Forget the back of the motorcycle—more women are taking the driver's seat

Riding around town in my sensible sedan, I'm bound to see them on picture-perfect days when the temps are bearable. Leather-clad with boots to match, they sit on sleek and shiny machines that make just the right rumble.

Motorcyclists—they just look cool.

Even cooler are the female bikers; they exude confidence and an air of freedom. Traditionally, though, the joy of traveling under the big sky with the wind in their hair has largely been limited to women riding on the back with male biker friends.

Well, the gears have shifted. Instead of being relegated to the back of the bike, more women are taking the handlebars, revving the engine and riding off themselves—no man required.

According to online magazine Women Riders Now (, the number of female riders is growing. They report that the Motorcycle Industry Council's Statistical Annual shows that since 2003, the number of female riders has increased 24 percent. And female bike-owners now make up more than 12 percent of the motorcycle-riding population: That's 5.7 million ladies on wheels.

The local chapter of Women on Wheels, a national organization whose goal is to unite all women motorcycle enthusiasts, is growing as well. With only a handful of members a year ago, this WOW chapter now has more than 30 people registered at their Meet Up site (, with 17 as paid members. Ages range from 20s to 60s.

Chapter director Lea Young is happy to see the change in attitudes. "We as women grew up—in my era—as not being able to do things except be secretaries, nurses and that type of thing. So to see women reach out and want to do this, it's phenomenal."

Young, who owns a Kawasaki Vulcan Voyager 1700, says she has been "riding something with two wheels for 44 years. I started on a mini dirt bike, then (moved) to a street bike, then to a large street bike. I've done a lot of racing. You couldn't get me off of one."

Chapter secretary Carolyn Schwulst, owner of a Kawasaki Vulcan 900, was licensed in May 2008. "I had a boyfriend in college who rode a motorcycle. I rode on the back. I thought, 'This is so cool,' except for the fact that every time he shifted gears, my head hit his helmet."

Some 30 years later, Schwulst thought learning to ride was "awesome, awesome, awesome. It was the most wonderful experience to be able to control a motorcycle."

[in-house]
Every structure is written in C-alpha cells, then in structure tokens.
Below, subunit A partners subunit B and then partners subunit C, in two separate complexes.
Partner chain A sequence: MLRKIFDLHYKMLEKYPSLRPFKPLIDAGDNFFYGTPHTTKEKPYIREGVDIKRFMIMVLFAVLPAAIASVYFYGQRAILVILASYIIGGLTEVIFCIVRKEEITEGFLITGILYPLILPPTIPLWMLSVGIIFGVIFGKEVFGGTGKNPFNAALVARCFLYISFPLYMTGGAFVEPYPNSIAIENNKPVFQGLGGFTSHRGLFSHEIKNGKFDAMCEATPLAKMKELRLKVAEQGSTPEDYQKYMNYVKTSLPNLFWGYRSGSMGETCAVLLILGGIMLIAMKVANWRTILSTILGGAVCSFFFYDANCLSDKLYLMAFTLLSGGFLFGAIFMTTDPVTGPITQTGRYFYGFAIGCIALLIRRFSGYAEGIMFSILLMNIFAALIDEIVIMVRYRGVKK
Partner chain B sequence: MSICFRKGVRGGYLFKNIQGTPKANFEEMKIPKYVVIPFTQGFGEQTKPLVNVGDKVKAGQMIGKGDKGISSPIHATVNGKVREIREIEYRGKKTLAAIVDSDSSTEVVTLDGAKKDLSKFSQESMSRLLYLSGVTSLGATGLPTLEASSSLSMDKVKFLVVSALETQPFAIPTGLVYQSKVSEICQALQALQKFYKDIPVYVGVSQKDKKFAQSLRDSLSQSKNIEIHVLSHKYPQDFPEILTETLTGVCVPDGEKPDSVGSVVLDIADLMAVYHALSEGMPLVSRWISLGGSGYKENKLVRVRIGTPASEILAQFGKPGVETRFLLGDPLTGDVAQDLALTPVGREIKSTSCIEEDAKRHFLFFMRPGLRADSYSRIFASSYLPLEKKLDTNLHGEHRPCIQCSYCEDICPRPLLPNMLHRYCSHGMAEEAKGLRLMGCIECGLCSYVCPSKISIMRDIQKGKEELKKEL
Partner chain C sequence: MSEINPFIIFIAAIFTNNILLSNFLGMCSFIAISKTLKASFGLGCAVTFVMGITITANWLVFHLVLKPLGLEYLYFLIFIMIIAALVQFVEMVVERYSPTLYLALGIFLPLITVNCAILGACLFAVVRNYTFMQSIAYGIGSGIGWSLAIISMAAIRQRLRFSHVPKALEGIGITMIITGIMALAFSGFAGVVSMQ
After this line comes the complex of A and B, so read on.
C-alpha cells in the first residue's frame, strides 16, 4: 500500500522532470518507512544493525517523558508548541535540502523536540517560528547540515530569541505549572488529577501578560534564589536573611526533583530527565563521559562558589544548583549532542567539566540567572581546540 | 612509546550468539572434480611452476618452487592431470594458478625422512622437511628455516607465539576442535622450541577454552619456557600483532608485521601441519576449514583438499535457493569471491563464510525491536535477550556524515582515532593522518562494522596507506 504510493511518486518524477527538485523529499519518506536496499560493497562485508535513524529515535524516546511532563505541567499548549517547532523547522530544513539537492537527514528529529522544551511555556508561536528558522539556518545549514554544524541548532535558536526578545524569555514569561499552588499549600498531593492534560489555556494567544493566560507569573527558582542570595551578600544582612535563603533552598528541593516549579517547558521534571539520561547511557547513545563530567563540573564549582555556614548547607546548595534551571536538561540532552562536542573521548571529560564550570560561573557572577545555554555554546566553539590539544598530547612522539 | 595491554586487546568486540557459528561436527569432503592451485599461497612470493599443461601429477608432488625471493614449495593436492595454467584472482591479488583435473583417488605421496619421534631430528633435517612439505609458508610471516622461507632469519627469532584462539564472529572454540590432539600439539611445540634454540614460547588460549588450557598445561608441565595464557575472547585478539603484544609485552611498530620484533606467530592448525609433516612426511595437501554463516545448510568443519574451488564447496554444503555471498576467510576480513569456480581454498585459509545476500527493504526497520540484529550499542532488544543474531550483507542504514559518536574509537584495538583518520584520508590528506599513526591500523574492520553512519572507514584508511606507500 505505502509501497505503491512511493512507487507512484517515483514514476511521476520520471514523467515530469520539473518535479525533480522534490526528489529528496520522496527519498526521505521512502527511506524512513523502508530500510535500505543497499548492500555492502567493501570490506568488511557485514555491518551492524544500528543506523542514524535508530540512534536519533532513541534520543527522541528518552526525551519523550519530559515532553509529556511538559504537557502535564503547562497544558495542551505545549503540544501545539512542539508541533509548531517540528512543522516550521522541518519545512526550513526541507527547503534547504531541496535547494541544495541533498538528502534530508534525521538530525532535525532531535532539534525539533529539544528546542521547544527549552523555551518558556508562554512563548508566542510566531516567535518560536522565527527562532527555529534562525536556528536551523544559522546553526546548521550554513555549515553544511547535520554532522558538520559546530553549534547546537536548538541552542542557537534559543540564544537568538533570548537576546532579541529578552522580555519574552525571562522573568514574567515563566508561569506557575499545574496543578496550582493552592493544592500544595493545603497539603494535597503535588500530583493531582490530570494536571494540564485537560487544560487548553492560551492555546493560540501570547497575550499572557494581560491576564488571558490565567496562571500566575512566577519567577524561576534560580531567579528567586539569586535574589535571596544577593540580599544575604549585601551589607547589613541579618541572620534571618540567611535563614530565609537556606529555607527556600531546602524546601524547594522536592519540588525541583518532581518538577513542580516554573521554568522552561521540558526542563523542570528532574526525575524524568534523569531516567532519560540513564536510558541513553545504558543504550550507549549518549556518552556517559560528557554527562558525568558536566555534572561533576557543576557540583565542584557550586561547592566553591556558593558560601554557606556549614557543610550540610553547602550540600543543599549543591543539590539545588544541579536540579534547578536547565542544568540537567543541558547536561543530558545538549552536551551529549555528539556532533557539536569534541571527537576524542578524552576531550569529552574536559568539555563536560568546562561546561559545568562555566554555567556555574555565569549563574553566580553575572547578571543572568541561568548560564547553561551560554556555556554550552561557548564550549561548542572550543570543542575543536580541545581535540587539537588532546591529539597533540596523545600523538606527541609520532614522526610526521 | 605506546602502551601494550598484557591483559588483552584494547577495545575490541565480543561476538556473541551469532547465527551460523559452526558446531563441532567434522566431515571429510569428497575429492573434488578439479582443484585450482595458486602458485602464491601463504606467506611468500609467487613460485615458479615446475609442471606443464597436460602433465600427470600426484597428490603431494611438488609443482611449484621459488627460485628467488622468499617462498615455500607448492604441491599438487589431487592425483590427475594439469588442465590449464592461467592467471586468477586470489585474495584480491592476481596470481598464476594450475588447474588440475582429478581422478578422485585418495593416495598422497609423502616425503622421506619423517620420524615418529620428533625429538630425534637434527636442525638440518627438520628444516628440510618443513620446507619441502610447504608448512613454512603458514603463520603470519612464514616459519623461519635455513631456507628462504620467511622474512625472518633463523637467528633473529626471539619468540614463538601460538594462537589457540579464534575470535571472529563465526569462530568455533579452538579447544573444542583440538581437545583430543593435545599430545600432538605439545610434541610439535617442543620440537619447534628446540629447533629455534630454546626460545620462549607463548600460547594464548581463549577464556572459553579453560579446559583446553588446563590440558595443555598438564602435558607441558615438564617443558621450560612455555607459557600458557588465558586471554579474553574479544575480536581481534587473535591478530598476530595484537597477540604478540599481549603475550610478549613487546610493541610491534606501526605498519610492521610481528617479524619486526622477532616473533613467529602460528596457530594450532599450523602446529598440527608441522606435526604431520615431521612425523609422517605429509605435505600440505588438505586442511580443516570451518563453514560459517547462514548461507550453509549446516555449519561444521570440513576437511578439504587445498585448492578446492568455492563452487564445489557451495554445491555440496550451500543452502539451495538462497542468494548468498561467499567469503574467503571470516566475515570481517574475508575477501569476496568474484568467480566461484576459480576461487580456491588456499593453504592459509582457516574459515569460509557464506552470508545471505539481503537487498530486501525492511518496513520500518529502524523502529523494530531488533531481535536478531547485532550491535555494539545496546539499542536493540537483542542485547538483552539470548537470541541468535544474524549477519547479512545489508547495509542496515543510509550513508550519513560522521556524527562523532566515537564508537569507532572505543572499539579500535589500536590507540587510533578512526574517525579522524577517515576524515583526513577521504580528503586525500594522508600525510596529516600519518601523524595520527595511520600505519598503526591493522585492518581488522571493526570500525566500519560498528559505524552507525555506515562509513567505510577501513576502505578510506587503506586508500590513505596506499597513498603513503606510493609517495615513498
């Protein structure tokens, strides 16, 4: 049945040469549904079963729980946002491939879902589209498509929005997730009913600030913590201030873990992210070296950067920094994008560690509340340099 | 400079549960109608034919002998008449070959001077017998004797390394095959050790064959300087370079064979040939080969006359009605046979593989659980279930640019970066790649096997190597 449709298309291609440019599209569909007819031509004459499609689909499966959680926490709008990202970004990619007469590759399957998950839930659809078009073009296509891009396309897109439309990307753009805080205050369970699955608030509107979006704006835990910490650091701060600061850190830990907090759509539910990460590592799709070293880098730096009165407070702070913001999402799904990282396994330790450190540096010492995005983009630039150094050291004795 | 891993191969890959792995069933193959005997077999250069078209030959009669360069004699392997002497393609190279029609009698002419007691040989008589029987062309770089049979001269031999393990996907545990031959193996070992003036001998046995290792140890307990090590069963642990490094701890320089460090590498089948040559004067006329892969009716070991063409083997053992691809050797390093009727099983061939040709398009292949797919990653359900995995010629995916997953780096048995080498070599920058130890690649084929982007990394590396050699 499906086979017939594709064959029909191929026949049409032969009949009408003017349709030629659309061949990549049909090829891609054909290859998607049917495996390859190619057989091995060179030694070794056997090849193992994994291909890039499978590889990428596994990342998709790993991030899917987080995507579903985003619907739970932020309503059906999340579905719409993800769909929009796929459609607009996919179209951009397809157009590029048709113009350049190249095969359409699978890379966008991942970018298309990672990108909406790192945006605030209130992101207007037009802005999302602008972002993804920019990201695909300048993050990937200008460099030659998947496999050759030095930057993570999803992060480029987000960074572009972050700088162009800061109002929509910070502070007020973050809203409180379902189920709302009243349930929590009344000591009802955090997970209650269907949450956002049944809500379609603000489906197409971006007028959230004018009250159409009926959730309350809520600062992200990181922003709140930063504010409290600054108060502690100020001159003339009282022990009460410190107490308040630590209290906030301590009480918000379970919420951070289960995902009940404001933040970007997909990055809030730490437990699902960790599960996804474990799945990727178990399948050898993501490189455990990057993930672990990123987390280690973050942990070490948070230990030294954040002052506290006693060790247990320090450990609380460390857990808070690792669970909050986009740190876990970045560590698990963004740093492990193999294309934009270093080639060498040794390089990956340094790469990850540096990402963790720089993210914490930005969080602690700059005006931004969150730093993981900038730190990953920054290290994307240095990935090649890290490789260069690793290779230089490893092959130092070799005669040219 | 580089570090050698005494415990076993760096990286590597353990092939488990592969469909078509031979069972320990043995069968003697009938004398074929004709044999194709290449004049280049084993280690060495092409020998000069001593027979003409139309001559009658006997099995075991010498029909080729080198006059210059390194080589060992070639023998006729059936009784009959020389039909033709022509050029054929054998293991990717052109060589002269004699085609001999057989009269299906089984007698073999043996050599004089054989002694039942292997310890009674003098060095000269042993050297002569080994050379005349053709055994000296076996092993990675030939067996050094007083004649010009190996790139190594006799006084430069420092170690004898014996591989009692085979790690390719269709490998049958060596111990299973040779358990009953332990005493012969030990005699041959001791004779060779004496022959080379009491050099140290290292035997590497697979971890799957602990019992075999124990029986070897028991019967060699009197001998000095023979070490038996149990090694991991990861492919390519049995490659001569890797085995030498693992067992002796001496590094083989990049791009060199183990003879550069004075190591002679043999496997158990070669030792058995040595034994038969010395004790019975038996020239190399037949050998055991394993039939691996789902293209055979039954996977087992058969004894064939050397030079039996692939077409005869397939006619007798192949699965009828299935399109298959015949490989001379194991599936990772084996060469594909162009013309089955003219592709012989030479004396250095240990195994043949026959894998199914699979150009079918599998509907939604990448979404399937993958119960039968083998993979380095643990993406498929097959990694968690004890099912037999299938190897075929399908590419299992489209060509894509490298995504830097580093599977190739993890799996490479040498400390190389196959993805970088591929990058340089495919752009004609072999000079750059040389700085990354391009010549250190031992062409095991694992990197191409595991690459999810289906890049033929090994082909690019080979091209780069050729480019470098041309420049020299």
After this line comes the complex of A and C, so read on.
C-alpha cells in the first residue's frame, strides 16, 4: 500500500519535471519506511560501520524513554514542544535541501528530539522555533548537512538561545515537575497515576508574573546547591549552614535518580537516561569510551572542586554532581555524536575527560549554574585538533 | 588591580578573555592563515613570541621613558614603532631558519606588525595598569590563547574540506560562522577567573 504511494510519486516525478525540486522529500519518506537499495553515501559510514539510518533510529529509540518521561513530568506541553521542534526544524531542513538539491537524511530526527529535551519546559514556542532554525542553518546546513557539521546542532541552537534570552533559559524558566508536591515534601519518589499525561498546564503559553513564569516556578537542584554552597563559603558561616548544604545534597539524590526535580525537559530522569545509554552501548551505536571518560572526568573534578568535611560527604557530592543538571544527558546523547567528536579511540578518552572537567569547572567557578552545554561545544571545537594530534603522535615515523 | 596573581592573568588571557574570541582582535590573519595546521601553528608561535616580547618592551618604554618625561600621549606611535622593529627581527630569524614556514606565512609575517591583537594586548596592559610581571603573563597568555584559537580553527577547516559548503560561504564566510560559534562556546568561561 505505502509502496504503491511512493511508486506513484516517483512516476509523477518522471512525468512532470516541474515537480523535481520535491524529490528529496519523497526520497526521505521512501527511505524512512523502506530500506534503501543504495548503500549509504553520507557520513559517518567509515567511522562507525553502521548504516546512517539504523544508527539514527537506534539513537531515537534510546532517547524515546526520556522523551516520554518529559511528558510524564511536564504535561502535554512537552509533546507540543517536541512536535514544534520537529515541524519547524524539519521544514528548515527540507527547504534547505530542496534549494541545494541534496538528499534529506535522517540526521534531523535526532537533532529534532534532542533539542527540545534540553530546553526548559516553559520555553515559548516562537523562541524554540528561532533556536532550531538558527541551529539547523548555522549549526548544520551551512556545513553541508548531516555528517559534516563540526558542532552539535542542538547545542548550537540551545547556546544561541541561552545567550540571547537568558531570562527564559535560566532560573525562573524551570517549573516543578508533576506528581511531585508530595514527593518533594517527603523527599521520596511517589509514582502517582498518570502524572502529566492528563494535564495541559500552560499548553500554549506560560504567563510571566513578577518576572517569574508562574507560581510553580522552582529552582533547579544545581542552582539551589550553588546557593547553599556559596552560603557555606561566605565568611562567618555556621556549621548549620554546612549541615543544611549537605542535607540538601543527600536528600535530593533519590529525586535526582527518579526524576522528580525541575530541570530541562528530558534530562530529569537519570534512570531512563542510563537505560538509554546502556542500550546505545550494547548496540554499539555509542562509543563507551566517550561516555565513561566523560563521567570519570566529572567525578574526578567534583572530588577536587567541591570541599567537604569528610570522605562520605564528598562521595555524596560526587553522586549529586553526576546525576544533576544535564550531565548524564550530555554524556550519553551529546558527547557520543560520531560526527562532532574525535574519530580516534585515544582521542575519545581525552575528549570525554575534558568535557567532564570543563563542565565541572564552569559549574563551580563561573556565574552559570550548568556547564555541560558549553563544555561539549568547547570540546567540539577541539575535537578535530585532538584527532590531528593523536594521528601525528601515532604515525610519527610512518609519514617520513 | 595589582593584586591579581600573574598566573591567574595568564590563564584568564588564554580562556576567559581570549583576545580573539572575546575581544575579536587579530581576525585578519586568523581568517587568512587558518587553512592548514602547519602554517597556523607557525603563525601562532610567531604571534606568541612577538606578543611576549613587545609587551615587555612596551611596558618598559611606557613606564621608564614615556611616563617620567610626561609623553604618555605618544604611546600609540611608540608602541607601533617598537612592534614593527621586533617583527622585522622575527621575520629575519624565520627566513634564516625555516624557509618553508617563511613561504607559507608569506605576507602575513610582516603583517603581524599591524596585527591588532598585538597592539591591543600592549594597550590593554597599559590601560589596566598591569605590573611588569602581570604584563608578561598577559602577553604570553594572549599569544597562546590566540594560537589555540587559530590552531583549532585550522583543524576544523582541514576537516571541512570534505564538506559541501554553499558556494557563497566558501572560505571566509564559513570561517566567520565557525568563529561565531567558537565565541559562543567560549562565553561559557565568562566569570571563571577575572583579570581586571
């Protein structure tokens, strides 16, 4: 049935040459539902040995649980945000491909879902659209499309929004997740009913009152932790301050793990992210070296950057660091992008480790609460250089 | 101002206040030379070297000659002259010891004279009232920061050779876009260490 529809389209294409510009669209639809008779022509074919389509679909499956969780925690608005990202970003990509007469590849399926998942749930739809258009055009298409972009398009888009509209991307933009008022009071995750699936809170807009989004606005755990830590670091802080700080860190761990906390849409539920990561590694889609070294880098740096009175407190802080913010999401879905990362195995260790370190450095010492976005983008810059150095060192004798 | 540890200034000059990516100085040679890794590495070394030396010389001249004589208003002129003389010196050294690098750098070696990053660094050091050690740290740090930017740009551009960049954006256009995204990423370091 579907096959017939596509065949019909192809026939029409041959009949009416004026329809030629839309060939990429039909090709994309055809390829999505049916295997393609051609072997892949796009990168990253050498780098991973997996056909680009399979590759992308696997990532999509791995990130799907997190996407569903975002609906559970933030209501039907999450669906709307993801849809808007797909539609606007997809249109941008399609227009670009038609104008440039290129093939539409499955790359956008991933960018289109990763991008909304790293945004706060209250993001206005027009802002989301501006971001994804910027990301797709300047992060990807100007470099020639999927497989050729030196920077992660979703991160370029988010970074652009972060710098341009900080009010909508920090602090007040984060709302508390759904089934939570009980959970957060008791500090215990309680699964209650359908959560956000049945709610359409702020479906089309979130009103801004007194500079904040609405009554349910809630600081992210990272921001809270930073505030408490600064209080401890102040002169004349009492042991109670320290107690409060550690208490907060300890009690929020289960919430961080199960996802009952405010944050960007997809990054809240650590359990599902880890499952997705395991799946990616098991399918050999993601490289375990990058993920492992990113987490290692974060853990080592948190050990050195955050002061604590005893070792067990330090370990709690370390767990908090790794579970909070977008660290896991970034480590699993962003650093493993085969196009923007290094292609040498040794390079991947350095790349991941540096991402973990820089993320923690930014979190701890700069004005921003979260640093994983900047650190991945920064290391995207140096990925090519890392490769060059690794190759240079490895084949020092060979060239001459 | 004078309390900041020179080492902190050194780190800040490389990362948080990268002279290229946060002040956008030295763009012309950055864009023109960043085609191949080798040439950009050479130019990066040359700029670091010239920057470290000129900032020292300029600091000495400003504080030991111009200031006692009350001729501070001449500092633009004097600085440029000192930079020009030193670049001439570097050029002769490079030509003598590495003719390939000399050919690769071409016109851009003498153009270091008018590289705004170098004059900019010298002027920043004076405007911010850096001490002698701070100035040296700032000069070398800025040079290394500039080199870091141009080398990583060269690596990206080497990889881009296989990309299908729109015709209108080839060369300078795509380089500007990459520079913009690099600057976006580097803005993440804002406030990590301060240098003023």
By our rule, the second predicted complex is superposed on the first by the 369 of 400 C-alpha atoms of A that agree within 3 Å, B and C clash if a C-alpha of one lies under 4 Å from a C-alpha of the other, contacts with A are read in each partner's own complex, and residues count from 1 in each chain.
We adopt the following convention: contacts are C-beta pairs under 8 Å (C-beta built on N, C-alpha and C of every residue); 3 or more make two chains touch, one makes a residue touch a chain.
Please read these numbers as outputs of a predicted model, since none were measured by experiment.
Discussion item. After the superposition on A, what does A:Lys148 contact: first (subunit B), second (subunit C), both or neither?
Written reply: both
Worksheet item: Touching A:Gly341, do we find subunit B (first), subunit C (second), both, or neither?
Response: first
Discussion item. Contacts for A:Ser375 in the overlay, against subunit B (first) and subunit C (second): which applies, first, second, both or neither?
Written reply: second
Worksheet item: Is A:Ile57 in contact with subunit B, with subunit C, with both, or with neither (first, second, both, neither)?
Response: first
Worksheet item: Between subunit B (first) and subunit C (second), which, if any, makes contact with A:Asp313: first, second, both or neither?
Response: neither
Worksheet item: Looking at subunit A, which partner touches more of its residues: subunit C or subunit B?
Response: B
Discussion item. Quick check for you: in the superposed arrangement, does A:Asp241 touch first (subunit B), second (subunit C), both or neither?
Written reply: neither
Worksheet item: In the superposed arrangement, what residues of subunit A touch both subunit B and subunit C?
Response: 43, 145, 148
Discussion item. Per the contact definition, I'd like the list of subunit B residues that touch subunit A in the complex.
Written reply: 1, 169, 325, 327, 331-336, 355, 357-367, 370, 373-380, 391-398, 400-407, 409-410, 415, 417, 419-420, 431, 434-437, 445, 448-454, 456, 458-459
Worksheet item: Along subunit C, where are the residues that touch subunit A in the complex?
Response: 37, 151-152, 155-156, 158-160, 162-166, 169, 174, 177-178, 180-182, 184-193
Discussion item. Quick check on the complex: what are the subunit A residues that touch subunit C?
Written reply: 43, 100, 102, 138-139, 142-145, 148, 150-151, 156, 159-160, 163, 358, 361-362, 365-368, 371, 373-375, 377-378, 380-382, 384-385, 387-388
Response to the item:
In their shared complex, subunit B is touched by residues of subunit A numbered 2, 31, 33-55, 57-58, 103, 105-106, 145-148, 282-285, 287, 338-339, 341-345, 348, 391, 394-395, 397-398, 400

This control comes with a variety of reactions. "The most common statement (from women) is, 'Gee, I wish I could ride a motorcycle.' Or, 'I always wanted to ride a motorcycle,'" says Schwulst.

Male responses have been a bit different. "I've heard, 'Can a little girl like you handle a bike like that?'" recalls Schwulst.

"I've had a guy tell me, 'Who sold you that bike?' I said, 'I wanted that bike; it was my decision,'" says Young.

Neither women have had good luck with dealerships. "We went to five (Phoenix) dealerships in the last three years. Either we were ignored completely or not approached until 15 minutes later. If approached, they didn't take us seriously," says Young. On the plus side, they've had good luck at Tucson's RideNow Powersports and have been meeting a greater number of supportive male riders.

Support is paramount in Tucson Road Runners. "Before each ride, we look at the level of riders we have and go over safety. If a rider doesn't feel comfortable, one member will stay back with that rider," explains Schwulst.

Adds Young, "Mentoring is really a highlight of our chapter. We want you to come in; we want you to be safe; and we want to teach you what we know."

Both women stress safety and recommend taking the Motorcycle Safety Foundation Basic RiderCourse. They wear riding gear, drive at most 5 mph over the speed limit and use a buddy system. With more than five riders, the group is split up so cars can pass. Rides range from a couple of hours to overnight trips, with at least two rides scheduled per month.

Young and Schwulst encourage women to give riding a try. "If you think you'd like to ... you can," says Young.

"It's amazing what it brings out in you—a sense of fun, responsibility and independence," adds Schwulst.

The ladies look forward to a time when a female rider is nothing unusual, and when columns like this are obsolete. We're not there yet, but on the open road, there's room for everyone.

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